2. New ways to gather and share data should be embraced
Social media and new technologies make research more accessible. Some organizations use open-source data to track shipments of weapons and weapons use, as well as more humanitarian concerns, such as tracking movements of populations. Satellite imagery, for example, has revealed the destruction of Rohingya villages in Myanmar. To use these new sources effectively, research staff must be trained on how to find data, verify its accuracy, and store information securely.
Data collection is critical if we are to hold countries accountable for their actions. For example, nongovernmental organizations that monitor treaty compliance use data to strengthen the case for greater compliance. While a number of organizations collect data, better methods to exchange data among these groups is needed. This gets tricky when the information is sensitive or related to vulnerable populations.
Private-sector organizations have technology and information that could be useful to humanitarian organizations. However, industry also has its own uses for such information and humanitarian organizations are wary of having their activities coopted by the private sector or by the military. There is a real concern that humanitarian actions not be confused with security applications—or be perceived to have a common aim.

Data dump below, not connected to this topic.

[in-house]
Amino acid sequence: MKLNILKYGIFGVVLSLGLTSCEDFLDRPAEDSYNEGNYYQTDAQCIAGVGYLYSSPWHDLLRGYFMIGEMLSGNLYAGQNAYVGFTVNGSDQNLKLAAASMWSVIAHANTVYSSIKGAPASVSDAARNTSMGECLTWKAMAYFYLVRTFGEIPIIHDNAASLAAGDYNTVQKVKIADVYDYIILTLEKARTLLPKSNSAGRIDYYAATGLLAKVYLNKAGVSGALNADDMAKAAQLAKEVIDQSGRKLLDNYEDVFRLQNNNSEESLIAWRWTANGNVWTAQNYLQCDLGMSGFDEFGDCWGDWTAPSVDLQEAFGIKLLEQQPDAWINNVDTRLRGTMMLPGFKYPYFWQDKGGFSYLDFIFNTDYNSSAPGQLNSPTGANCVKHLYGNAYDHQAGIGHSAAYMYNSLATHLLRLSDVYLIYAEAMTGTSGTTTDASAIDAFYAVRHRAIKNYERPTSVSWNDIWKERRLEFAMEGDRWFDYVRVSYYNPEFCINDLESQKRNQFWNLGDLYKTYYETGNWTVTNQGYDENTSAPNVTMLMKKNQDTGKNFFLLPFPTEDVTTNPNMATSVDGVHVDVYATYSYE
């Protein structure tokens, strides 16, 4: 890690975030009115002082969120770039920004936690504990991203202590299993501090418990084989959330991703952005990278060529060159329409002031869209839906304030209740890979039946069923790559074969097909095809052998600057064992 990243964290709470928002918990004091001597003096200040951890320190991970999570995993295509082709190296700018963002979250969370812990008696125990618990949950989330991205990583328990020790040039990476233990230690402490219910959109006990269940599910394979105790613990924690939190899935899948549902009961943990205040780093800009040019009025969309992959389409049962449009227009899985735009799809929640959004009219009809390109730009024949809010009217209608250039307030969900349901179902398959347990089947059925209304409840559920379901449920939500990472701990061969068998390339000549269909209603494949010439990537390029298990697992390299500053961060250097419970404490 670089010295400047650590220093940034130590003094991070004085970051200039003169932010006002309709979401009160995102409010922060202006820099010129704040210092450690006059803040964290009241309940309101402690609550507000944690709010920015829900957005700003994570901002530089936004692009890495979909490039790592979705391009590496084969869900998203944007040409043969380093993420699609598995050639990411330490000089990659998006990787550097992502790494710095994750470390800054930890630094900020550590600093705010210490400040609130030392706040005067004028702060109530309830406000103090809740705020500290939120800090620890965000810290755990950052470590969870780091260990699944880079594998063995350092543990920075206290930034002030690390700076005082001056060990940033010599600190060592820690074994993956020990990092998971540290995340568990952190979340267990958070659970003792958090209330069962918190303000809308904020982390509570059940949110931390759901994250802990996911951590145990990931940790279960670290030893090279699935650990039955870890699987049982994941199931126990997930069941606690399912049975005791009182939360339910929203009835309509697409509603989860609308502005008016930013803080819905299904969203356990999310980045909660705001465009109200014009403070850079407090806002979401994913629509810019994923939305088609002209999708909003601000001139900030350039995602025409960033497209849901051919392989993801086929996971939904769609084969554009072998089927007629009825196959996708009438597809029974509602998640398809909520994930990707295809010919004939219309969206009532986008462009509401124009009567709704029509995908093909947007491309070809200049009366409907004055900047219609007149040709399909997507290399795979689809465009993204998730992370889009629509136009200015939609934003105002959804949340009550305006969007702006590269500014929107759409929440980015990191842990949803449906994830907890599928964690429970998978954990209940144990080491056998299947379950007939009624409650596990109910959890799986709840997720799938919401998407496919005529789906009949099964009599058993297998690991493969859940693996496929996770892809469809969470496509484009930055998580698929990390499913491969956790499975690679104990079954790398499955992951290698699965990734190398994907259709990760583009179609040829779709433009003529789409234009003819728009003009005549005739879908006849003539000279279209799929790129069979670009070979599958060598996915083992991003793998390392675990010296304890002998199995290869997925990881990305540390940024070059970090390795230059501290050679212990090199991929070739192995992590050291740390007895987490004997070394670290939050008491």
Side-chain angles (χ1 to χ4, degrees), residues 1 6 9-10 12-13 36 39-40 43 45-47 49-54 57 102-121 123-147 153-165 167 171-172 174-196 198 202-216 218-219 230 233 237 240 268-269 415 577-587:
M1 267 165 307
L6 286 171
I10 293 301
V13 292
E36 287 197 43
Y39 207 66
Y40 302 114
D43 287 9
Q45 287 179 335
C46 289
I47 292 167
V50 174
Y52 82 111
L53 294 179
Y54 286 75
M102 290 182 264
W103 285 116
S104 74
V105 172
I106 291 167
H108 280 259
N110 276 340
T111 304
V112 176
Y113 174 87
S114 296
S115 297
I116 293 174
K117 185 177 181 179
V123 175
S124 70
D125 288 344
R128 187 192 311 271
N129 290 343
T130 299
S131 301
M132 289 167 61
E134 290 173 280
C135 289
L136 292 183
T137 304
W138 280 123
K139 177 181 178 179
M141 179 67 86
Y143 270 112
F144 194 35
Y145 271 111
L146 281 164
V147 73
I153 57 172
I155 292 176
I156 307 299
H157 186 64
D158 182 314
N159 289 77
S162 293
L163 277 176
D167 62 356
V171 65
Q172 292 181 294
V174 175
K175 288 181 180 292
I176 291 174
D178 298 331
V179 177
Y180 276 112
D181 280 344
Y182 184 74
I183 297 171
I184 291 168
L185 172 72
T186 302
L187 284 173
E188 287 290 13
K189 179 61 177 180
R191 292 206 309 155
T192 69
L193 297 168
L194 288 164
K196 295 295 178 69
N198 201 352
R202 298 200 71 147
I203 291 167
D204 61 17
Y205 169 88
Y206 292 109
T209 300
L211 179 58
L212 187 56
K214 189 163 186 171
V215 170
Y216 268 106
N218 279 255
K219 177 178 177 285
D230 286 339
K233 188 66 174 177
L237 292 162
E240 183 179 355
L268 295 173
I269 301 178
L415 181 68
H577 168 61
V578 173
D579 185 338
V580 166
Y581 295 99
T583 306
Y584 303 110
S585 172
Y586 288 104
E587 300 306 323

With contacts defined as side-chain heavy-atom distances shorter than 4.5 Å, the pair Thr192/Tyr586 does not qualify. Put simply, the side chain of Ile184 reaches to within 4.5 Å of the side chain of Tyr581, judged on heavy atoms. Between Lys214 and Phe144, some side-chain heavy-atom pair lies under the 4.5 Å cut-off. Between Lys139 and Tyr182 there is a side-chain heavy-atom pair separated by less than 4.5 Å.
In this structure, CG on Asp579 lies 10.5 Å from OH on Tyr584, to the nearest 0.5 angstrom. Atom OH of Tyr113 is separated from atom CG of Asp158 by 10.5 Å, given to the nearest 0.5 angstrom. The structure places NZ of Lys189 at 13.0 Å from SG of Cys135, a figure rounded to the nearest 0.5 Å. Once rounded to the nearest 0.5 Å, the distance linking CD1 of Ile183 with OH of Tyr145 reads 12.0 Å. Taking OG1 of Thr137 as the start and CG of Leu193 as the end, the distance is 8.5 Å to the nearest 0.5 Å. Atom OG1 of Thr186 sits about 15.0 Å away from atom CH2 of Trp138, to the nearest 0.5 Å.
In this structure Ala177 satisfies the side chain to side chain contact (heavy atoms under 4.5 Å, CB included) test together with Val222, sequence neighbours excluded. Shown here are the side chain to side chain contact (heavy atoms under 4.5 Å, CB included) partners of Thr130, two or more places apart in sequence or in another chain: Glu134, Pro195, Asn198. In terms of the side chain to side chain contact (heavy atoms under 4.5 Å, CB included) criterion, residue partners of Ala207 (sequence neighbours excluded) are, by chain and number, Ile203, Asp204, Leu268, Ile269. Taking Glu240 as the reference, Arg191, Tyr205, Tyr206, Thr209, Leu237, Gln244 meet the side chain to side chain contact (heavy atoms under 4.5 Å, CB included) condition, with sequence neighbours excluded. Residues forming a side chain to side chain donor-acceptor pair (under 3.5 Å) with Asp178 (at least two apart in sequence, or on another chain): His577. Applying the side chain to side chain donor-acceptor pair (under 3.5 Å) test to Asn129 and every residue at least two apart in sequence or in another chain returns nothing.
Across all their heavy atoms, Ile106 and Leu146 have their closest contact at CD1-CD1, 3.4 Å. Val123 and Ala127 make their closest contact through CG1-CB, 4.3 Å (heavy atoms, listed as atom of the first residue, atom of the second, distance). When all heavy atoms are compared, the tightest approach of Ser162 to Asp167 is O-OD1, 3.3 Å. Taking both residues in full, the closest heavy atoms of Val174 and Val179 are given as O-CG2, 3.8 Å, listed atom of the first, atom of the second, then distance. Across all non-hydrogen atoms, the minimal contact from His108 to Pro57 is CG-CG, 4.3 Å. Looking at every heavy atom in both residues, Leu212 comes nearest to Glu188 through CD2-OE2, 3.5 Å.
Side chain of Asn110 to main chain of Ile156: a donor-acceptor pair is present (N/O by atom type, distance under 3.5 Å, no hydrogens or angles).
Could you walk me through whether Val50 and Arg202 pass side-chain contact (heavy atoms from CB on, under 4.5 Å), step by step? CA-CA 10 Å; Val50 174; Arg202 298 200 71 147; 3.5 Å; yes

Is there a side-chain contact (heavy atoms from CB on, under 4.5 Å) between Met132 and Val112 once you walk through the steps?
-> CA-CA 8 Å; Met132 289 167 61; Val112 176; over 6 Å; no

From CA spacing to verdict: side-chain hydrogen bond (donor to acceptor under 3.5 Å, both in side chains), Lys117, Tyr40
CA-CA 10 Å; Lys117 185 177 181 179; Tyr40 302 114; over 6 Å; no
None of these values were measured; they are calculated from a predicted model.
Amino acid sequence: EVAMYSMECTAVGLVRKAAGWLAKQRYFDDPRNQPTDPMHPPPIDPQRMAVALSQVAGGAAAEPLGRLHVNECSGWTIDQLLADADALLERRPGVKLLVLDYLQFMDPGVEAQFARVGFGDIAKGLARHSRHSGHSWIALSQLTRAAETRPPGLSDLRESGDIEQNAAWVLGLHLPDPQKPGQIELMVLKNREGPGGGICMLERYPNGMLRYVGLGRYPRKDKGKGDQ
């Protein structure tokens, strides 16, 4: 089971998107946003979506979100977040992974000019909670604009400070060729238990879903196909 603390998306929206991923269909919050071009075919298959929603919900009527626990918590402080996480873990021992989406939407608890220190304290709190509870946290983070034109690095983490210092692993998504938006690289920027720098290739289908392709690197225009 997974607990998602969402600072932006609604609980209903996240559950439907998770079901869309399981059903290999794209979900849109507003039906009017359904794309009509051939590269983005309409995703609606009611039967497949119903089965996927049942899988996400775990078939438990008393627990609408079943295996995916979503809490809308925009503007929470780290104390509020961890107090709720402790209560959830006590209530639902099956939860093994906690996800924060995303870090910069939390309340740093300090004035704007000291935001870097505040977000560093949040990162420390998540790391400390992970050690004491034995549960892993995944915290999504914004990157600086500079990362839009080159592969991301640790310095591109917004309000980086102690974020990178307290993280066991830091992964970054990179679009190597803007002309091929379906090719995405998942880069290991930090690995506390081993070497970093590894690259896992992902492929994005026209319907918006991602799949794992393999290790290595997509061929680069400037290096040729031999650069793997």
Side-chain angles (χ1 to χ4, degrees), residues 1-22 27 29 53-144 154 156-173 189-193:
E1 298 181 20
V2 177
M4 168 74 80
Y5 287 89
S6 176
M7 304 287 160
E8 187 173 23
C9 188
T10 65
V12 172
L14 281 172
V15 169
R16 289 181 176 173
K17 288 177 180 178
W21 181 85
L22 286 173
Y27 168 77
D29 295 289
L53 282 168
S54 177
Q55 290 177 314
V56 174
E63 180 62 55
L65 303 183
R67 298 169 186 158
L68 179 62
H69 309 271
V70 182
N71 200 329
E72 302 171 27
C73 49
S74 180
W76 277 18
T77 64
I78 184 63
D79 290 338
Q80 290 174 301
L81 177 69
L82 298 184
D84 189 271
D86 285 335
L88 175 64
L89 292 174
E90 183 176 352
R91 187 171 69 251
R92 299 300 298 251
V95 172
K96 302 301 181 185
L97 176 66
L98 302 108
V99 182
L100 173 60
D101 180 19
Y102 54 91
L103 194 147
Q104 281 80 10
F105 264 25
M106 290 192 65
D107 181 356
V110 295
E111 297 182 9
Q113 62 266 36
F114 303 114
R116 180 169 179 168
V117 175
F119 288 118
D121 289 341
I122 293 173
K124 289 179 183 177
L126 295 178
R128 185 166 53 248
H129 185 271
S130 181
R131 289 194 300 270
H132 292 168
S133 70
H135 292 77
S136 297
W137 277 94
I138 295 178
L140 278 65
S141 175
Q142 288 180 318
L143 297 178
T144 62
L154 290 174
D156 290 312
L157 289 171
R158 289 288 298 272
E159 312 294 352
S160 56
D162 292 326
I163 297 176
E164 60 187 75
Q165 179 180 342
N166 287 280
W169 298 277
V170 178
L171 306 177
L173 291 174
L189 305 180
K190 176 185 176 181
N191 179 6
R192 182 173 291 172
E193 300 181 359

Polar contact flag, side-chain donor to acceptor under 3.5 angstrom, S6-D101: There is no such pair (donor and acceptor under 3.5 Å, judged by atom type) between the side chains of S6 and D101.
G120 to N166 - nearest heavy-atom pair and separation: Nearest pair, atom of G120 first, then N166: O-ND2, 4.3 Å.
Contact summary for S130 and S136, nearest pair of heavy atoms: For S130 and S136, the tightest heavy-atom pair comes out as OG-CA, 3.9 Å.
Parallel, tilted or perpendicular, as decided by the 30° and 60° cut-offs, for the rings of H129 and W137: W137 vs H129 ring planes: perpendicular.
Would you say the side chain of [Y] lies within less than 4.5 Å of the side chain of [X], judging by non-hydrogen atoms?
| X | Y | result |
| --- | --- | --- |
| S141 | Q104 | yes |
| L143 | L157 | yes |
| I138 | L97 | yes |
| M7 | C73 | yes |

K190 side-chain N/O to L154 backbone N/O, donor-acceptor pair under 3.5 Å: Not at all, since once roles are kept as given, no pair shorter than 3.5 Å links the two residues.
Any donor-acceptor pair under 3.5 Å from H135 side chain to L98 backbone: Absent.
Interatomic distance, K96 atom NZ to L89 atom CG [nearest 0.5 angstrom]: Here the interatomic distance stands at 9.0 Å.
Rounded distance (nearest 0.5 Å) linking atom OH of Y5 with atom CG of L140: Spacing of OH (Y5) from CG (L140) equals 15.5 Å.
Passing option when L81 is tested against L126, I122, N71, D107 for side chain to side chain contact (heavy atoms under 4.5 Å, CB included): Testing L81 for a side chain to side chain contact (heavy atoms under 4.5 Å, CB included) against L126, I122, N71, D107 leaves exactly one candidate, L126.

3. Multilateral and domestic forums on disarmament and arms control need closer ties with the wider civil society
Disarmament and arms control are often viewed in isolation from other issues, even in advocacy and civil-society circles. However, weapons and their use have a significant impact on local, national, and global security. Organizations working on disarmament need to connect with health advocates and environmental groups, for example, as well as with community-level organizations. When multiple organizations work together on promoting an issue, it receives more policy space.
Disarmament issues are generally discussed at multilateral and national levels. But there is a need to work at local levels, too. ICAN’s Cities Appeal, for example, calls on cities and towns to show support for the Treaty on the Prohibition of Nuclear Weapons; such activity can put pressure on national governments.
4. Disarmament advocacy must include diverse individuals and groups in decision-making
Diversity and inclusivity produce more dynamic advocacy. But getting more, and more diverse, people involved in civil-society organizations can be a challenge. It costs money and takes effort and significant resources to bring campaigners from different countries to rallies and forums and other events.
And not all countries are receptive to civil-society organizing. One analyst noted that, in some countries, “NGOs are not prohibited, but are not appreciated.” Under these circumstances, it can be difficult to share information and to engage the public and government institutions. Groups and individuals operating in these conditions need more support.